The main story is pretty average. You perform tasks as a SEED ranger, discover villainous plot, stop the villain, save the world. That’s the story in a nutshell, nothing crazy. You can complete the story in less than two seasons. I finished the story by Summer 11, but there’s no rush to complete it if you want to take your time, there are no time restraints. While the main story is forgettable, the Rigbarth citizens are colorful and entertaining. Each one has their own distinct quirks, hobbies, likes, and dislikes. Lucy is an upbeat girl who loves to fish and challenge the protagonist to competitions; Priscilla is a very kind girl who loves baked goods and is scared of traveling outside the town walls; Simone is Rigbarth’s mayor and loves to test experimental medicines; Palmo is an eccentric and creative architect; Heinz is a gems dealer who loves to tell jokes (some not that great); Fuuka is a were-animal that loves shiny and sparkly things; Cecil is a curious lad who aspires to be the next great detective; Martin is Cecil’s older, extremely hard working brother, and apprentice to the town smith, Darroch; Ryker is Palmo’s apprentice, dislikes working hard, loves to take naps, and seems to only really wake up at night; Ludmila is a succubus who is very attached to the protagonist and loves to make wild statements. These are just a few of the lovely people you’ll meet during your life in Rigbarth. Personally, my favorites were Lucy and Ludmila. Lucy is a ball of sunshine and a joy to speak to, and Ludmila is just wild, in a good way. If the character is a love interest, you can also initiate side story events with those characters. Some of these are one and done, while others can continue for multiple days. These events can really flesh out a character and I highly recommend doing them, especially if it’s for a character you really like.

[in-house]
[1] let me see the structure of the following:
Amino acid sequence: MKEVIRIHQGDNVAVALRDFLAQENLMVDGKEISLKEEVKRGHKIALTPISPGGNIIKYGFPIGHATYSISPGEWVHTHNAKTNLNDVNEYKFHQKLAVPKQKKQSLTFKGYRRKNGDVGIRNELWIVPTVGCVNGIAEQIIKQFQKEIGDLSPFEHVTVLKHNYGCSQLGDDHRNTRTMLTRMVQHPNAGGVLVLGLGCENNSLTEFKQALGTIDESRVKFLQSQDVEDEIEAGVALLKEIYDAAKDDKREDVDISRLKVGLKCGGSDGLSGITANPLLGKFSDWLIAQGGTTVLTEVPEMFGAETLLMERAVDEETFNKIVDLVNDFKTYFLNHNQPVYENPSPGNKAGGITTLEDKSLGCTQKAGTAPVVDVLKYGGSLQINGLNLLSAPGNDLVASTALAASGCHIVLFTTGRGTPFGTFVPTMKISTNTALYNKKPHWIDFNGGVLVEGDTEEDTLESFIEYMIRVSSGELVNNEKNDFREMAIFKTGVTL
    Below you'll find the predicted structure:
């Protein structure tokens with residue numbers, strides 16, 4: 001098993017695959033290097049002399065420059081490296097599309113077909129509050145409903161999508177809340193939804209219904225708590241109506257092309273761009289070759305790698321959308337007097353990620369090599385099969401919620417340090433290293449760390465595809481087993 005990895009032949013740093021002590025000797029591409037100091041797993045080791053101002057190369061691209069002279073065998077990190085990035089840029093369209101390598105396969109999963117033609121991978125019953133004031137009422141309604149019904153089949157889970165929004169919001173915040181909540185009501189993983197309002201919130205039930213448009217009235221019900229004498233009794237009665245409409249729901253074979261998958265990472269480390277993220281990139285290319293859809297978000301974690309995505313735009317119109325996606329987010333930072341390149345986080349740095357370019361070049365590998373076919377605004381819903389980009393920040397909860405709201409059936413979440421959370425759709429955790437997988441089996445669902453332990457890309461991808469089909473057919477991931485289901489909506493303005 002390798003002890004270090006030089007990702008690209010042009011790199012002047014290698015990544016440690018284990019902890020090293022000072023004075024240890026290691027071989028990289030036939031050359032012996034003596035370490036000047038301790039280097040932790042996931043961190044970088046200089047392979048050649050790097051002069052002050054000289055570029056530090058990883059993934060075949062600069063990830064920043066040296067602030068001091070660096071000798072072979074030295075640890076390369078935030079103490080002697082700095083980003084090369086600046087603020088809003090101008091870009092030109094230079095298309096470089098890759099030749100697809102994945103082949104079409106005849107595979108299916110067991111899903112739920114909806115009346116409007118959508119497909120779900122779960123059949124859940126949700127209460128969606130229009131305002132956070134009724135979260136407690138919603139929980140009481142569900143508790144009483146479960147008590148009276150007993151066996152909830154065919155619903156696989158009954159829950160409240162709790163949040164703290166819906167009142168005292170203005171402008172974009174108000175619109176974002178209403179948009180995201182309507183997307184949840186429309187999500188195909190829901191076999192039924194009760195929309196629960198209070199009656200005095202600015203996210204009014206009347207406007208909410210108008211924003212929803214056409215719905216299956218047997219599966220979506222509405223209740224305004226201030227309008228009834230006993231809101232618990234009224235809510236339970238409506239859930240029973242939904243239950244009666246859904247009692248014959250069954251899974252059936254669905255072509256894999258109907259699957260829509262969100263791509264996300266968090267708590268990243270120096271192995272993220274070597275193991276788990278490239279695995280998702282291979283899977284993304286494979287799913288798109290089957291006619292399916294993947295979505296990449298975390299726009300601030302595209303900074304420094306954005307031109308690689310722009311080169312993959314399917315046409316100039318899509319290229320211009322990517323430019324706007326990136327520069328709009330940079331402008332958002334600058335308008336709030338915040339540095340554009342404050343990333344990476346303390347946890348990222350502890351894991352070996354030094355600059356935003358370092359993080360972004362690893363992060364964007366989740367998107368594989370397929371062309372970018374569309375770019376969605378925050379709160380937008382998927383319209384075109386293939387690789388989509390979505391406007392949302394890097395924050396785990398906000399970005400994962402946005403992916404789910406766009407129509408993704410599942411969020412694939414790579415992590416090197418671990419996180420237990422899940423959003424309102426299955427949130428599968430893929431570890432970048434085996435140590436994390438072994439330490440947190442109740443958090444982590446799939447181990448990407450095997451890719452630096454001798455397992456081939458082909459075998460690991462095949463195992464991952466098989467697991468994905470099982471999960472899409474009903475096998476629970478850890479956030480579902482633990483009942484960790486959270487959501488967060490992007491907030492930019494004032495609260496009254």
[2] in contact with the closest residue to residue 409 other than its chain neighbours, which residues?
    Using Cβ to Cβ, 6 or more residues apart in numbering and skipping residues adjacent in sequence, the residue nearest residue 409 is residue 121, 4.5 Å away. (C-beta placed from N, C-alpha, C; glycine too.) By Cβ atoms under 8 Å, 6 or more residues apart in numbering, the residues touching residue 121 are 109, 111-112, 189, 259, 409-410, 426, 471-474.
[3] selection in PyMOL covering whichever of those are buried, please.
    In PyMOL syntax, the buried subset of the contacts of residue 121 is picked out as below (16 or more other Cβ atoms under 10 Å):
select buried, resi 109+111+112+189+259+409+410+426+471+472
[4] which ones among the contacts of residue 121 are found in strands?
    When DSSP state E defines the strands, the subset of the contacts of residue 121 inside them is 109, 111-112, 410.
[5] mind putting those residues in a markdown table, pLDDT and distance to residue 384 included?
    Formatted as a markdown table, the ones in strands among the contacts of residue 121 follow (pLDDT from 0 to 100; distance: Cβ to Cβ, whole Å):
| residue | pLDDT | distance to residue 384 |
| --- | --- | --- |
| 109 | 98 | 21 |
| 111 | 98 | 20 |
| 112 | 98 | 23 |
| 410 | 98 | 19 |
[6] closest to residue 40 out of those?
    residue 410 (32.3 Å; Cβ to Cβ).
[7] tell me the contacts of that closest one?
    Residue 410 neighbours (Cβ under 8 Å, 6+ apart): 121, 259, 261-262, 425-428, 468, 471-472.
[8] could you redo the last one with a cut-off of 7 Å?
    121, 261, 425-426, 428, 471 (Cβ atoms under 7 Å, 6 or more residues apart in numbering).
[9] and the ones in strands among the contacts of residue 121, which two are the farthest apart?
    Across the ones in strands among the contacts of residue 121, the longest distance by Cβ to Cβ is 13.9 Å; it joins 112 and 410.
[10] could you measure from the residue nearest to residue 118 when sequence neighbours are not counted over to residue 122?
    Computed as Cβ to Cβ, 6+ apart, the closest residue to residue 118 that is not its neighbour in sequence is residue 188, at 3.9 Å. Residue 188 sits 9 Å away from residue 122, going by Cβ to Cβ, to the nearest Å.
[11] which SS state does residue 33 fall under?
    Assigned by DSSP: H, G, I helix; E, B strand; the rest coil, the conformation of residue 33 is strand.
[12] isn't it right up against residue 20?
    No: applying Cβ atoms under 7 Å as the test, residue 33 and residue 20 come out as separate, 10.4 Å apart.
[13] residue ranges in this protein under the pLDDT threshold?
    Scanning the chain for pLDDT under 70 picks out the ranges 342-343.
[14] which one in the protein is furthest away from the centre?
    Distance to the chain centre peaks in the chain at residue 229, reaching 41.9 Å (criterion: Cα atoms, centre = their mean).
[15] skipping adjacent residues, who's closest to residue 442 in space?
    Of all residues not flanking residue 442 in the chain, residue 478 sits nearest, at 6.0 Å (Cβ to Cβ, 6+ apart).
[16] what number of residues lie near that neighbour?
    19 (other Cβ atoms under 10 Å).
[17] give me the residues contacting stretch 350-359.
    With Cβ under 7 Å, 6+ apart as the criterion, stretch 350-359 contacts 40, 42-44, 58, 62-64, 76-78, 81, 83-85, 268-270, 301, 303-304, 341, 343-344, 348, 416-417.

Gameplay in Rune Factory 5 is split into two sections: Adventuring and Daily Life. Daily Life consists of farming, fishing, cooking, participating in Festivals, and mingling with the Rigbarth citizens, similar to the Story of Seasons games. Farming is the main activity most fans are familiar with. You till your field, sow the seeds, water the seeds daily, and eventually harvest the crops. The crops you can grow, and the ease with which you can grow them, depend on the game’s season. For example, potatoes grow well in the Spring and Summer but not as well in the Winter. You start off with one field, but this will grow to a max of six after progressing the story. There’s nothing revolutionary about the farming portion; if you played a previous game in the series you know what you’re getting. Fishing is simple and involves pressing one button. You wait for the fish’s shadow to snag the bait, and then reel them in. Cooking can be performed after snagging a Cooking License using the Directive system. Directives involve using SEED points to gain numerous things that can enhance your life in Rigbarth. SEED points can be gained by performing numerous tasks like hunting Wanted Monsters and completing Villager Requests. Among these are the abilities to cook, make medicines, craft equipment, and so on. After getting the license, you can get the furniture needed to perform the task from Palmo. You can also use Directives to schedule Festivals for the town. Festivals can consist of just giving an item (such as a crop) to Simone, or playing a minigame unique to that festival. For example, the Buff-a-Move requires you to dodge Buffamoo of different colors. Depending on how you do in the Festival, you will be ranked. If you get first place, you can get nice rewards and increase your relationship with the villagers.